I think they might be describing angina...not sure. TXA2 is responsible for platelet aggregation,so it may be contributing to thrombosis, thus ischemia to the cardiac tissue.
Seems like I did what most of you did. I read the "symptom" as pain and went for PGE2.
Turns out if I had just read the 2008 paper Undiscovered role of endogenous thromboxane A2 in activation of cardiac sympathetic afferents during ischaemia I would have known that TXA2 MAY be a cause of MI pain. https://www.ncbi.nlm.nih.gov/pubmed?term=18483073
There are also theories that the pain is from adenosine/bradykinin/acid/ROS/5-HT which you can read about here:
I found these via the UpToDate page Angina pectoris: Chest pain caused by coronary artery obstruction which does say the mechanism is "complex and not entirely understood."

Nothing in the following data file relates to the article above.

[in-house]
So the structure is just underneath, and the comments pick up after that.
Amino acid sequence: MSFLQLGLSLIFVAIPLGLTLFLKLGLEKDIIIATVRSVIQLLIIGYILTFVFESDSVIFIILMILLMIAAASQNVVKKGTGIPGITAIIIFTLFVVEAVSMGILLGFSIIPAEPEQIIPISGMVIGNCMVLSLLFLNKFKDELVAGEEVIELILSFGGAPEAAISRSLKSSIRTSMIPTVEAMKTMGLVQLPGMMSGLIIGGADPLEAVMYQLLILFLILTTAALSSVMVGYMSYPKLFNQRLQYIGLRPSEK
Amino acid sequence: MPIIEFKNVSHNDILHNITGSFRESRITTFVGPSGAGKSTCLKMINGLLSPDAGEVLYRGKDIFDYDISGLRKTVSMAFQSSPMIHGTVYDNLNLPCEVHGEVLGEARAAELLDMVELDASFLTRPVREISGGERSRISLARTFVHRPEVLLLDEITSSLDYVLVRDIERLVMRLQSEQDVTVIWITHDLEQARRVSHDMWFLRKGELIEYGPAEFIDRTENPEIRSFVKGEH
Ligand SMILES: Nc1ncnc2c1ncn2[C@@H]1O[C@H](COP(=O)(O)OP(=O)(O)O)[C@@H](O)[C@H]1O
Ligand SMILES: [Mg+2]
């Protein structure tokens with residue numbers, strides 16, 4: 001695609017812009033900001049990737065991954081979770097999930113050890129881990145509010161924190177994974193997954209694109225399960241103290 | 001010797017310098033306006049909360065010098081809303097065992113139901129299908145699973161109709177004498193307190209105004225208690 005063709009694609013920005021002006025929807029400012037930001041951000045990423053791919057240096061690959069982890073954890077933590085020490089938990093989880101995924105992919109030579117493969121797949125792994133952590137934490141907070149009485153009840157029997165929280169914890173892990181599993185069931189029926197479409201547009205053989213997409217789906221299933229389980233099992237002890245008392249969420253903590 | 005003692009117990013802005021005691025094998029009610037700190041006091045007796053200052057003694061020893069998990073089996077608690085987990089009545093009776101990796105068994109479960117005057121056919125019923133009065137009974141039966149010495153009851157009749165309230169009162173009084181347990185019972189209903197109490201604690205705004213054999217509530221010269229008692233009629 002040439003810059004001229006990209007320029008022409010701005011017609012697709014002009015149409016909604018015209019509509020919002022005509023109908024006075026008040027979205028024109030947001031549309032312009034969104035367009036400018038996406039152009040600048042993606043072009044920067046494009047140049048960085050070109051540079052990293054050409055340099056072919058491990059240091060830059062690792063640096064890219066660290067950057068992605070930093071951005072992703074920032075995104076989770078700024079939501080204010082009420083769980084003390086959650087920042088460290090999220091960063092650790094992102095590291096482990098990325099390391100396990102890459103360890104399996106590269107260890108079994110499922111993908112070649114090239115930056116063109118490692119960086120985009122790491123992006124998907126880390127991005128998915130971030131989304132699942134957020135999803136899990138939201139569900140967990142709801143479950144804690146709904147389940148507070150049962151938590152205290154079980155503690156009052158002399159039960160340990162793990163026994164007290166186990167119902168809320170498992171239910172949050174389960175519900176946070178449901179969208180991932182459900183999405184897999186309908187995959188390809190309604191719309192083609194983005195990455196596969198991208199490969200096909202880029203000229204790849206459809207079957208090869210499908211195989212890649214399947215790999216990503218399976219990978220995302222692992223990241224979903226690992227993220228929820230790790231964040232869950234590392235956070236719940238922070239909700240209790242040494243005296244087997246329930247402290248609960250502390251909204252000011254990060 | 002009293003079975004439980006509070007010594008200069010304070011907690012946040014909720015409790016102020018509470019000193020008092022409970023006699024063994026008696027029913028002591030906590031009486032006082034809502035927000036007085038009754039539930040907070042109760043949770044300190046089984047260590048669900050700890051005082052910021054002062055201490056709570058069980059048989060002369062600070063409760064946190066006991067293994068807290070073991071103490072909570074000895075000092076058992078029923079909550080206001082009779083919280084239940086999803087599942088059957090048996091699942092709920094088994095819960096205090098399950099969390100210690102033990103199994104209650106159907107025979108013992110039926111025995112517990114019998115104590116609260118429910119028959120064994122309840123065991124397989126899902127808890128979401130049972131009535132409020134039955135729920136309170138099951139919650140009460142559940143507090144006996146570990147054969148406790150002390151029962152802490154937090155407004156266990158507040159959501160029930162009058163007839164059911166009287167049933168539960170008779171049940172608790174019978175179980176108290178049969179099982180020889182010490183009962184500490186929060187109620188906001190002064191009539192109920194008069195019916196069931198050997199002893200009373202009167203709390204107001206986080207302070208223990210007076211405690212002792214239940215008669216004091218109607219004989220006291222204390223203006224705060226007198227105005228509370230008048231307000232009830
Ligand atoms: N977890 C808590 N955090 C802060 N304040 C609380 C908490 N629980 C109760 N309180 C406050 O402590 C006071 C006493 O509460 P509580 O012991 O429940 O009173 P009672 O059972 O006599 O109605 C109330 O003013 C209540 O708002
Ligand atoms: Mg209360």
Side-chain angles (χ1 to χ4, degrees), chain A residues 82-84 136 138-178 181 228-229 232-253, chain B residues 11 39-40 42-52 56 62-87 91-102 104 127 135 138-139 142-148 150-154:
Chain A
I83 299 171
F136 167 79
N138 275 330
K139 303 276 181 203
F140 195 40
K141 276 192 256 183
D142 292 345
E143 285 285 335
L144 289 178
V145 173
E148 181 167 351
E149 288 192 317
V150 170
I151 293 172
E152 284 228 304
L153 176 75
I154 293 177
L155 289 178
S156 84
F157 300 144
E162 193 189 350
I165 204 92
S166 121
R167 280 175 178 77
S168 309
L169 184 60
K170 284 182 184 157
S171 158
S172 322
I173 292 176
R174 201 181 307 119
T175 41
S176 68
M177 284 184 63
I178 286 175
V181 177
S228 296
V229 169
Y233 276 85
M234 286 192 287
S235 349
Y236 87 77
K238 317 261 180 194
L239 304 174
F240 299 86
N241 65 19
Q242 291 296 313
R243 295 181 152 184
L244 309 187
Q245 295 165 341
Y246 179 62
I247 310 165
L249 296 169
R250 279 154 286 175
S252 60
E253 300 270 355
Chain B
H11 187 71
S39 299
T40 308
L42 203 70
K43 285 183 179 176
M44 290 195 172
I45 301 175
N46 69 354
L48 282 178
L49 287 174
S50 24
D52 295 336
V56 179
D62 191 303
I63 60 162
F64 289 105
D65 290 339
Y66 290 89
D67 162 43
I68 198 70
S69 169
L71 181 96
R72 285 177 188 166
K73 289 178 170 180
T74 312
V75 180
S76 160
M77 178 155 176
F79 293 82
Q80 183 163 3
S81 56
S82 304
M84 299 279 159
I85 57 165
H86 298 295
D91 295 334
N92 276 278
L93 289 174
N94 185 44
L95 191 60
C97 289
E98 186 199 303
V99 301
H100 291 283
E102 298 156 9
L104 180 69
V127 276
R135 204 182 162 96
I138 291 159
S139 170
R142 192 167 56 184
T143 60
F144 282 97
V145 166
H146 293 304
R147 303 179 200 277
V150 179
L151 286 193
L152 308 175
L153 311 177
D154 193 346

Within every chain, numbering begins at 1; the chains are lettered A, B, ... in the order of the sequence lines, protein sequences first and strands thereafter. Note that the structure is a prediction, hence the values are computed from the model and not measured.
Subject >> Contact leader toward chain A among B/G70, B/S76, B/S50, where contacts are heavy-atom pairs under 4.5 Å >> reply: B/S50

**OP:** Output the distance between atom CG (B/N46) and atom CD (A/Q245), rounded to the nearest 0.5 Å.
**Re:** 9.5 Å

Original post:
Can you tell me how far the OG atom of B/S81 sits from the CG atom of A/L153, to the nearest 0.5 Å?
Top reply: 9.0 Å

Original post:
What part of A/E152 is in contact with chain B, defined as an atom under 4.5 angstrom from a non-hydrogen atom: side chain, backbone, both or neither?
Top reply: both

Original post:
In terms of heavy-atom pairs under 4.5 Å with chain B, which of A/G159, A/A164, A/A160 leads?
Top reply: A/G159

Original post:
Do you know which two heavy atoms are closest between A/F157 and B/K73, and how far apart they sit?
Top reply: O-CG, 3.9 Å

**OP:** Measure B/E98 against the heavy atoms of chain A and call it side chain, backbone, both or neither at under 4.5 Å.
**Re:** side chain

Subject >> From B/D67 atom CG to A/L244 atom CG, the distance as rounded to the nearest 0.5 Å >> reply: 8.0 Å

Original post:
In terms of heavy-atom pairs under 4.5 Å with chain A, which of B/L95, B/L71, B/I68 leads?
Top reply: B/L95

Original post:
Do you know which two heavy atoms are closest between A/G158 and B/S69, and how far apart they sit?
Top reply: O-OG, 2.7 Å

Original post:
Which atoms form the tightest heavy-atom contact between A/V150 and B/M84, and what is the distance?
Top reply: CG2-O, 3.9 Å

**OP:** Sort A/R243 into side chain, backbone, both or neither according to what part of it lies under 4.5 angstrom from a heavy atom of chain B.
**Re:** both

This is actually describing myocardial infarction I think, from this article: https://www.ncbi.nlm.nih.gov/pubmed/6485997
We conclude that generation of thromboxane A2 occurs during the early stages of AMI and may be an important pathophysiologic phenomenon in AMI.
Damaged endothelial cells cannot produce PGI1 and prostacyclin => platelets begin to aggregate and release TXA2
LD4 = vasoconstriction + bronchoconstriction - does it have a role in prinzmetal? I picked this thinking vasospasm due to atherosclerosis.
PGE2 = pain + fever. so i suppose because it's ischemia and not an inflammation, that's not the answer?
TXA2 = PLT aggregation --> thrombus --> ischemia? But i figured that would be more relevant to a stroke or a PE. But I guess TXA2 does play a role in atherosclerosis so it's the biggest contributor.